THE little thread of land, so puny, and yet so obstinate that it has almost the look of an intentional provocation, which has kept the two great oceans of the world asunder, is on the point of being severed, and the twin Americas clipped apart. With that event there will open for California an era of development as striking as that which followed upon the great awakening in the middle of the last century. With increase of commerce and population there will come important physical changes and the obliteration of much of what is distinctively Western in life and manners. Especially for that reason the writer hopes that this volume of impressions and experiences gained during a leisurely horseback-journey recently made through the coast regions of the State may be found timely, and not without interest and value.

The matters of principal concern to him in making his trip were not, it is true, the practical ones of commerce and its prospects and possibilities. Rather, the facts and beauties in nature and the humane and historic elements in life were his points of special attraction. Thus it occurs that neither the cities passed on his route nor the industries of the coast region are treated in particular detail. If apology be needed for any dearth of what may be called practical information in the volume, he feels that the lack has been, is being, and increasingly will be supplied by the many capable pens always at work on the categorical and statistical side.

In describing the features of the scenery no attempt has been made to paint in high colors. Indeed, on a re-reading of the manuscript the impression is that, in the desire to avoid the flamboyant at all hazards, the balance may have been weighted a trifle on the conservative side. But if a mistake has been made, it is in the right direction; and the writer states here his plain belief that California, with her magnificent mountain range of the Sierra Nevada, her generally diversified configuration, a shore-line extending through nearly ten degrees of latitude (with the variety in climate and in animal and vegetable life which that fact implies), and a history tinged first with the half-pathetic romance of Spain and then by the brief but lurid Epic of Gold, is by much the most beautiful, interesting, and attractive of all the States of the Union.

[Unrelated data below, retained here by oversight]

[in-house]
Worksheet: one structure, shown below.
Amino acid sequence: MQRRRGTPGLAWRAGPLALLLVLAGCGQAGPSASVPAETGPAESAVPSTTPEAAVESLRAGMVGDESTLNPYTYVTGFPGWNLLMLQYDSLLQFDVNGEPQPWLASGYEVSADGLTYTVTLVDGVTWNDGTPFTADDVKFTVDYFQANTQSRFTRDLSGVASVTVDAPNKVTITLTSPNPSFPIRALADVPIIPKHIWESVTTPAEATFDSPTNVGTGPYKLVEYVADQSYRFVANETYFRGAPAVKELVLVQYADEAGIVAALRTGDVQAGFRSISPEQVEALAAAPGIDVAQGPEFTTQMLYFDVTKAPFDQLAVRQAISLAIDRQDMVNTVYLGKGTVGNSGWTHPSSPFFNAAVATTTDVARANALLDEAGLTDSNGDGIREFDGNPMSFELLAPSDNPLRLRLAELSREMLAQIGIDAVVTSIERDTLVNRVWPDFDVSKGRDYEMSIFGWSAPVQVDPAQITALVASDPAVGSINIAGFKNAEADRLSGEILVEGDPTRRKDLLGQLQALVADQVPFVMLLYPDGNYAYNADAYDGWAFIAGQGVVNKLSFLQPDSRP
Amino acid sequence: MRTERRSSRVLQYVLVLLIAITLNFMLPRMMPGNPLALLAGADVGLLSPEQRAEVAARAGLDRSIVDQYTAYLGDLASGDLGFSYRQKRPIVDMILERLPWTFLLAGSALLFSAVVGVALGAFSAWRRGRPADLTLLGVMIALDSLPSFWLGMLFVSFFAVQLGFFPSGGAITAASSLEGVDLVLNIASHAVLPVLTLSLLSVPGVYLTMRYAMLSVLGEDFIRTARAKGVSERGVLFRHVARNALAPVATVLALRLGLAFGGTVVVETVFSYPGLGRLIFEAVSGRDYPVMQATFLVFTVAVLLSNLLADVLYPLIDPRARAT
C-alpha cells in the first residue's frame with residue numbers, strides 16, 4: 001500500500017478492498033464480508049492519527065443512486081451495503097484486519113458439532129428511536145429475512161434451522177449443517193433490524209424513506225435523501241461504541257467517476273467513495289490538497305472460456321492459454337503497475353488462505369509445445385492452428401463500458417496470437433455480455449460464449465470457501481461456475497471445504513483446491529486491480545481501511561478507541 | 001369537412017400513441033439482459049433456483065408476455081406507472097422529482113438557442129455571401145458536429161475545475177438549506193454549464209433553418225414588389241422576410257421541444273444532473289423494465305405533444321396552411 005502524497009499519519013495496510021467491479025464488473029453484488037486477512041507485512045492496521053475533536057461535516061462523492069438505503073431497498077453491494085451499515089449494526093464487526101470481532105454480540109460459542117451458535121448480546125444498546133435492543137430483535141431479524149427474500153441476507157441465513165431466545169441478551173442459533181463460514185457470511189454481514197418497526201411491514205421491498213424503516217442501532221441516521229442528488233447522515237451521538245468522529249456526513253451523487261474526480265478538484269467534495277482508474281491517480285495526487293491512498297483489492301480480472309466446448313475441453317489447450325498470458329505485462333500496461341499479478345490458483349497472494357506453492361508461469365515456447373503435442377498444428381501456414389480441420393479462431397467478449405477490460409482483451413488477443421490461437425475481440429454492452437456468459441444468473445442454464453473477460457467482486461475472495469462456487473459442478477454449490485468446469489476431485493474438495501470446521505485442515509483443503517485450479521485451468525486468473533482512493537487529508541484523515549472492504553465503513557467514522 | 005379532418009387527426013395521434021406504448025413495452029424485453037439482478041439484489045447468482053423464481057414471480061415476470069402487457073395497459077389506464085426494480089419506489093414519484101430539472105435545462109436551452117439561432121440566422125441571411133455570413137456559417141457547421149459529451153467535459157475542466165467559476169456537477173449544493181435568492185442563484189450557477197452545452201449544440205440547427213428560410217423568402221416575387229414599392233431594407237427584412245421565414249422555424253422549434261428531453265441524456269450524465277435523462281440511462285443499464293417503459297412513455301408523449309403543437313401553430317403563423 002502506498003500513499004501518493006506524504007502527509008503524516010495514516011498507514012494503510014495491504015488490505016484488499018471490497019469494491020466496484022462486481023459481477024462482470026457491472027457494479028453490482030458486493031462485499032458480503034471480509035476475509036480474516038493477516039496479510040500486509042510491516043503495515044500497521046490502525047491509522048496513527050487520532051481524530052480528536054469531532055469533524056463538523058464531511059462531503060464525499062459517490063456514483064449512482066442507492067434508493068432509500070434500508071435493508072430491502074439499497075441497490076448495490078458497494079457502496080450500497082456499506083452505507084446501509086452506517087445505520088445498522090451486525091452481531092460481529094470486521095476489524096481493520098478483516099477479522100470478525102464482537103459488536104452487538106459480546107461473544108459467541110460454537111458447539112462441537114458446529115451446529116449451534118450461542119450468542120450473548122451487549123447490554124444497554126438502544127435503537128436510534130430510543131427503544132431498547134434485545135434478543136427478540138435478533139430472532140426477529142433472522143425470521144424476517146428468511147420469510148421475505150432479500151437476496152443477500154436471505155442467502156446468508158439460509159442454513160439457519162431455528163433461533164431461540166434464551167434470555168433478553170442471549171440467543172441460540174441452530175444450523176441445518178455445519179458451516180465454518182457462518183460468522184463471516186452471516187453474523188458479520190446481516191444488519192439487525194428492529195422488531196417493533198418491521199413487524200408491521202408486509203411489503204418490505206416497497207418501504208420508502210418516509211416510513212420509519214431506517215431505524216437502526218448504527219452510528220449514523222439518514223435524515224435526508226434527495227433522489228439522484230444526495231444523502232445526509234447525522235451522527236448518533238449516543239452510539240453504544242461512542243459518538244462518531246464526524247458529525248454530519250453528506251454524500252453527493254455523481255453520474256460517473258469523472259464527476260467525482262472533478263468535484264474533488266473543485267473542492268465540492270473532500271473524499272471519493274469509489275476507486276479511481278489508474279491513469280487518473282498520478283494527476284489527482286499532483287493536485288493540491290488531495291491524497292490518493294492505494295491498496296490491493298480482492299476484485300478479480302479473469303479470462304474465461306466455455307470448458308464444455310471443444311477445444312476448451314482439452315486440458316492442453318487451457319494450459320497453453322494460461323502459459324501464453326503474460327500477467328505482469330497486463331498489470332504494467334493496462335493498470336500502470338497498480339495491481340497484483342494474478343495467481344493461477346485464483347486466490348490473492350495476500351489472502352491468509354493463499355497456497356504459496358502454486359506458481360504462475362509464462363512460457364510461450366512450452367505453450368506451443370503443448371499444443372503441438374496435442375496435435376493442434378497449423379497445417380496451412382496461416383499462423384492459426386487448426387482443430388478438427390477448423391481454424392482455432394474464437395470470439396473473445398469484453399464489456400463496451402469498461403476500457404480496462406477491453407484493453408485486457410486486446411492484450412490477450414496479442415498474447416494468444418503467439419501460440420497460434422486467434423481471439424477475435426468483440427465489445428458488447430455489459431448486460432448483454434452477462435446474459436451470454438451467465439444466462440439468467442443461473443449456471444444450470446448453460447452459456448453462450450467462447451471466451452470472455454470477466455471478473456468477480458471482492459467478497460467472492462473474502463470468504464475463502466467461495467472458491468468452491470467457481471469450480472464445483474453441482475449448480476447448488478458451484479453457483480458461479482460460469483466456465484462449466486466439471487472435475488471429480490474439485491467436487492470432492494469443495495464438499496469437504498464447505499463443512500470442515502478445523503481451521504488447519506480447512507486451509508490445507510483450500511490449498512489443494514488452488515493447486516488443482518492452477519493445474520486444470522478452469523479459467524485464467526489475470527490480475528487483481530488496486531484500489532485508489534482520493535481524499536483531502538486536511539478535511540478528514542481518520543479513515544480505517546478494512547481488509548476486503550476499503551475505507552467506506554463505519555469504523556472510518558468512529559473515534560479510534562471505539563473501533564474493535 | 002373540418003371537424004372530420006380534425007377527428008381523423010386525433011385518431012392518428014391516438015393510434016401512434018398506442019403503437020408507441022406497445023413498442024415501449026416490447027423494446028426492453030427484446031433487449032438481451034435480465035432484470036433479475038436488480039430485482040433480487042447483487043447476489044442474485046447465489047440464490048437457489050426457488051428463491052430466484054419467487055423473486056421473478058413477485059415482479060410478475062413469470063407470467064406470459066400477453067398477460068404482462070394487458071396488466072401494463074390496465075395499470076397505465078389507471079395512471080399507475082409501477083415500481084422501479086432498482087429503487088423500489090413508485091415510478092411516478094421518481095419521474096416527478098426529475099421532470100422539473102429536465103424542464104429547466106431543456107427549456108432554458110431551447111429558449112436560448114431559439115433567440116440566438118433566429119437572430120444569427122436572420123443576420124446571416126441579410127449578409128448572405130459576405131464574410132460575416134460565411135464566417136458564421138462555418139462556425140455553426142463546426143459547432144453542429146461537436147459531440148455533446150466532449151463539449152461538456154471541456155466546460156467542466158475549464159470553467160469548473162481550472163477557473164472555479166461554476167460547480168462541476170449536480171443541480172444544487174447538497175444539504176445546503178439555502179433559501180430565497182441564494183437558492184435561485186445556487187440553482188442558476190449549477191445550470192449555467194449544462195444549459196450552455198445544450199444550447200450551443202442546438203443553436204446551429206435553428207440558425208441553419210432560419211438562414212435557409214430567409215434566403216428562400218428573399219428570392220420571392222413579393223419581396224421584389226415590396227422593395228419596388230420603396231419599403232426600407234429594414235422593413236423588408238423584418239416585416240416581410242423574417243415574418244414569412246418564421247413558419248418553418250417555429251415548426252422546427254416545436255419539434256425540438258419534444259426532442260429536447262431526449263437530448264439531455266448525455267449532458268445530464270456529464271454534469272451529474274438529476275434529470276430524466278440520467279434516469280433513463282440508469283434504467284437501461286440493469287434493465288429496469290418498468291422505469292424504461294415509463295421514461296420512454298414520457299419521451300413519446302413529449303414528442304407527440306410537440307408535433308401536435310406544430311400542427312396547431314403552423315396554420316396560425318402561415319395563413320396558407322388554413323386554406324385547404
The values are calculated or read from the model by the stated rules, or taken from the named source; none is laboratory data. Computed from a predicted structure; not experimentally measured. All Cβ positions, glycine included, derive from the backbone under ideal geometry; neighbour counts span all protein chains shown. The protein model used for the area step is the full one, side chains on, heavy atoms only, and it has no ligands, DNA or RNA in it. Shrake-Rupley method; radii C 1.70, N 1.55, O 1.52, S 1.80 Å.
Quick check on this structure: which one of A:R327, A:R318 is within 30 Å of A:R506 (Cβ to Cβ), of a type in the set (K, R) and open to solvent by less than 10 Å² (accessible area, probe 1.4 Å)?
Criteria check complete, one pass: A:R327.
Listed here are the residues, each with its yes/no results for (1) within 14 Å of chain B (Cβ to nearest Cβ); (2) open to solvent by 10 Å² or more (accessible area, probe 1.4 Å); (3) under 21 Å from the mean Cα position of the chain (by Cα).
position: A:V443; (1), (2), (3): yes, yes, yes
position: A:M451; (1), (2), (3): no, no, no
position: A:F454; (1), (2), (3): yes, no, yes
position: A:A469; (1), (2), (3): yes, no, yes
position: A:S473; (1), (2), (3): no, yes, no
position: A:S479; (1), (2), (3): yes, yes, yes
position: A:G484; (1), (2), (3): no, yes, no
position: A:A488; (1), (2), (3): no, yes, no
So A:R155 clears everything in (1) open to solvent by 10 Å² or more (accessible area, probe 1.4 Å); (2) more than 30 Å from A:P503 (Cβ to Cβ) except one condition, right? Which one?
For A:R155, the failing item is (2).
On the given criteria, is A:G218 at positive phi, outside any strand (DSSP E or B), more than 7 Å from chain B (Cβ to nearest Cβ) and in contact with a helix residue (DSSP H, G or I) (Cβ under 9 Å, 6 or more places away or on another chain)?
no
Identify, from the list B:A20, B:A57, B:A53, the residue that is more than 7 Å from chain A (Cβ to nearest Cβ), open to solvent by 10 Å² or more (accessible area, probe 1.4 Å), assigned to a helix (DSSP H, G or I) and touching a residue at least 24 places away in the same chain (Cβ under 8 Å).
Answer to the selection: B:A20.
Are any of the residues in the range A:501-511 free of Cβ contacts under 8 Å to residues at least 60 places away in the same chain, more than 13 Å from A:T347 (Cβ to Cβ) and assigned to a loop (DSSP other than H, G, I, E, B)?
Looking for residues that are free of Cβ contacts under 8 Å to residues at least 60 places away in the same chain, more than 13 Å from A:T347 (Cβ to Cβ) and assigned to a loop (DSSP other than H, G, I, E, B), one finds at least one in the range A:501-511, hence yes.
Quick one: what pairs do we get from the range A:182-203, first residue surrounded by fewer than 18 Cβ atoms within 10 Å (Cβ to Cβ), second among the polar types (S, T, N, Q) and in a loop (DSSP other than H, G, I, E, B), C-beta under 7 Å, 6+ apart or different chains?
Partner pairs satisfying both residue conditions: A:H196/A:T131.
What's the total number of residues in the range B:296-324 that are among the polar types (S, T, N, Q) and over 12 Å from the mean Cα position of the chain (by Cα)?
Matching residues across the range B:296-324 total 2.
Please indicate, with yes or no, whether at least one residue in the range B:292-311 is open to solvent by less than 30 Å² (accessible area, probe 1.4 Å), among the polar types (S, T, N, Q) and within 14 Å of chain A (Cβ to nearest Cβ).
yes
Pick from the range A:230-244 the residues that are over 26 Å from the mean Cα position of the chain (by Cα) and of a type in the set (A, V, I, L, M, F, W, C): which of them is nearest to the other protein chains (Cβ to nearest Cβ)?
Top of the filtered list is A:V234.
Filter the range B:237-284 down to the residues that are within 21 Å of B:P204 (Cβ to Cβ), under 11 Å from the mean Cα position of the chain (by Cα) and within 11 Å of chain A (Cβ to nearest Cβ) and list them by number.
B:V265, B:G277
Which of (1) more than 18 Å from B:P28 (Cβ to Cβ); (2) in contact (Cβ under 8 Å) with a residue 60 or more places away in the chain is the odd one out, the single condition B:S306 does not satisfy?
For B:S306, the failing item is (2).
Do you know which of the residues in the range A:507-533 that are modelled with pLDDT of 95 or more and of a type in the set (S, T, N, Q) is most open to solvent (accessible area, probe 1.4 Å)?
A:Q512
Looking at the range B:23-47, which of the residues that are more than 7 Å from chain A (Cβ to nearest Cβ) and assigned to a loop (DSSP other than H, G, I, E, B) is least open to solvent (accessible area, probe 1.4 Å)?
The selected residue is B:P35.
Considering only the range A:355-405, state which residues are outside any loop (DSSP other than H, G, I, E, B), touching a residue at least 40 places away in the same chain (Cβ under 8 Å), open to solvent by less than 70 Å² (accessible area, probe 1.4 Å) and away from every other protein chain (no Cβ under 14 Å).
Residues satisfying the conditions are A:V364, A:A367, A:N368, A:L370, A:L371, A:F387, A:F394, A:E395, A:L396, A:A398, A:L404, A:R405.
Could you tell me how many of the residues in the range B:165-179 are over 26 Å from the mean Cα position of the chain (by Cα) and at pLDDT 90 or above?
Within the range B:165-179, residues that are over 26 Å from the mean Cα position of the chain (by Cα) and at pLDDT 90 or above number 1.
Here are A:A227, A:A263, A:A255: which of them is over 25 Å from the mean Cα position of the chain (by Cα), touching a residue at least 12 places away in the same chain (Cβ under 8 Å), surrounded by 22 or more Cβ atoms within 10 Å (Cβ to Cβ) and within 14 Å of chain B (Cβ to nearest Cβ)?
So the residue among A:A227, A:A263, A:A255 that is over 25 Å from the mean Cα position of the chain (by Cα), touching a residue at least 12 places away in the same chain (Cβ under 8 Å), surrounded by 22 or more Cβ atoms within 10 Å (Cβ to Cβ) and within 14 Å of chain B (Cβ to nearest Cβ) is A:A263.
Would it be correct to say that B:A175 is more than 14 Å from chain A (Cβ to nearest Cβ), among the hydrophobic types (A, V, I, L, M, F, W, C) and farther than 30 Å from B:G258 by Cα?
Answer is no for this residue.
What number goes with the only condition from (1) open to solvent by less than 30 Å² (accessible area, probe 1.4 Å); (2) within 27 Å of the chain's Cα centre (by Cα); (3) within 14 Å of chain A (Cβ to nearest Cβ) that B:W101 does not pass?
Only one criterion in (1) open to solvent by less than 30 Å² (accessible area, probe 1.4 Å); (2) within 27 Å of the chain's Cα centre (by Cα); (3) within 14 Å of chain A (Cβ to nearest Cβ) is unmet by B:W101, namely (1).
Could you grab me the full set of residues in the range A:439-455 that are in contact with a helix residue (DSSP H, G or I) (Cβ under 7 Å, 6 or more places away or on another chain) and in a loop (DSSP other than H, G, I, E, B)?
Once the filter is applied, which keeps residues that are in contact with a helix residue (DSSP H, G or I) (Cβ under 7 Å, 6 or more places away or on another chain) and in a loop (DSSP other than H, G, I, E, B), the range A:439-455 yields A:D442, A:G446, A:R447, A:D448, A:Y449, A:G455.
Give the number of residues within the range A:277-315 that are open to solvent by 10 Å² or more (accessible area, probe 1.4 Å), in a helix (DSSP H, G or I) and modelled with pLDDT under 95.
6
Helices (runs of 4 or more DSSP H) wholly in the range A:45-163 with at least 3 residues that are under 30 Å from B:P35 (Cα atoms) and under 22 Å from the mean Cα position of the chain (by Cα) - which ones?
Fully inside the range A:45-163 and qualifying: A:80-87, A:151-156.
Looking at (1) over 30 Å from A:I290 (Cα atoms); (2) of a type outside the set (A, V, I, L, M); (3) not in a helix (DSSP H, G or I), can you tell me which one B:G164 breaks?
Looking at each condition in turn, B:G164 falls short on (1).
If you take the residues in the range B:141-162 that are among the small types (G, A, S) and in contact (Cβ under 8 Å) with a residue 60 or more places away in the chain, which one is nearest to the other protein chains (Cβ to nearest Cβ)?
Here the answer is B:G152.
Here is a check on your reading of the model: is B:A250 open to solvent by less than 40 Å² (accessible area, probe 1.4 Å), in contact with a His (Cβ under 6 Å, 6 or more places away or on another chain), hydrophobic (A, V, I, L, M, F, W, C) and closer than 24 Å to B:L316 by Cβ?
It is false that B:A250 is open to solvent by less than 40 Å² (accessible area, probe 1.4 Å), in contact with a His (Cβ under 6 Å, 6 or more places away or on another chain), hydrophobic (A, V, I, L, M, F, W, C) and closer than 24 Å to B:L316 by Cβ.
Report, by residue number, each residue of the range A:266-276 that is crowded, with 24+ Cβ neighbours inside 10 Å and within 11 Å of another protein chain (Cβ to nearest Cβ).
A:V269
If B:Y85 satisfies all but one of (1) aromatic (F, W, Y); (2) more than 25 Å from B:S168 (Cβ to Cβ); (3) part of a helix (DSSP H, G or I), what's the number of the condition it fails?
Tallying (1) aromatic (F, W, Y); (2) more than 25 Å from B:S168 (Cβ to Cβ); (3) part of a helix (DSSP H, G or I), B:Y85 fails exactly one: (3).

It may fairly be pointed out, further, that there is only one region of the United States, and indeed there can be but few parts of the world, where one may travel with enjoyment for half a year continuously, secure from climatic vagaries, and carrying on the animal one rides everything needful for comfort by day and night. There might well be organized a Society of California Rovers, whose annual programme it would be to take to the road, trail, or shore at, say, the first appearance of apple blossom, and allow no roof, unless one of canvas, to interpose between them and these kindly skies until the last Late Pippin has fallen from the tree.

N.B. — For the convenience of the general, and especially the non-Californian, reader, the pronunciation, and also the meaning where it is to the point, of the Spanish words which occur in the text are given in a Glossary, placed at the end of the volume, preceding the Index. These words are numerous, but they are unavoidable in the nature of the case, since most of the place-names throughout the coast region of California are Spanish. Beyond these place-names, however, the Spanish words introduced are those only that have passed into common speech in the one-time Spanish and Mexican territories.

Los Angeles, California.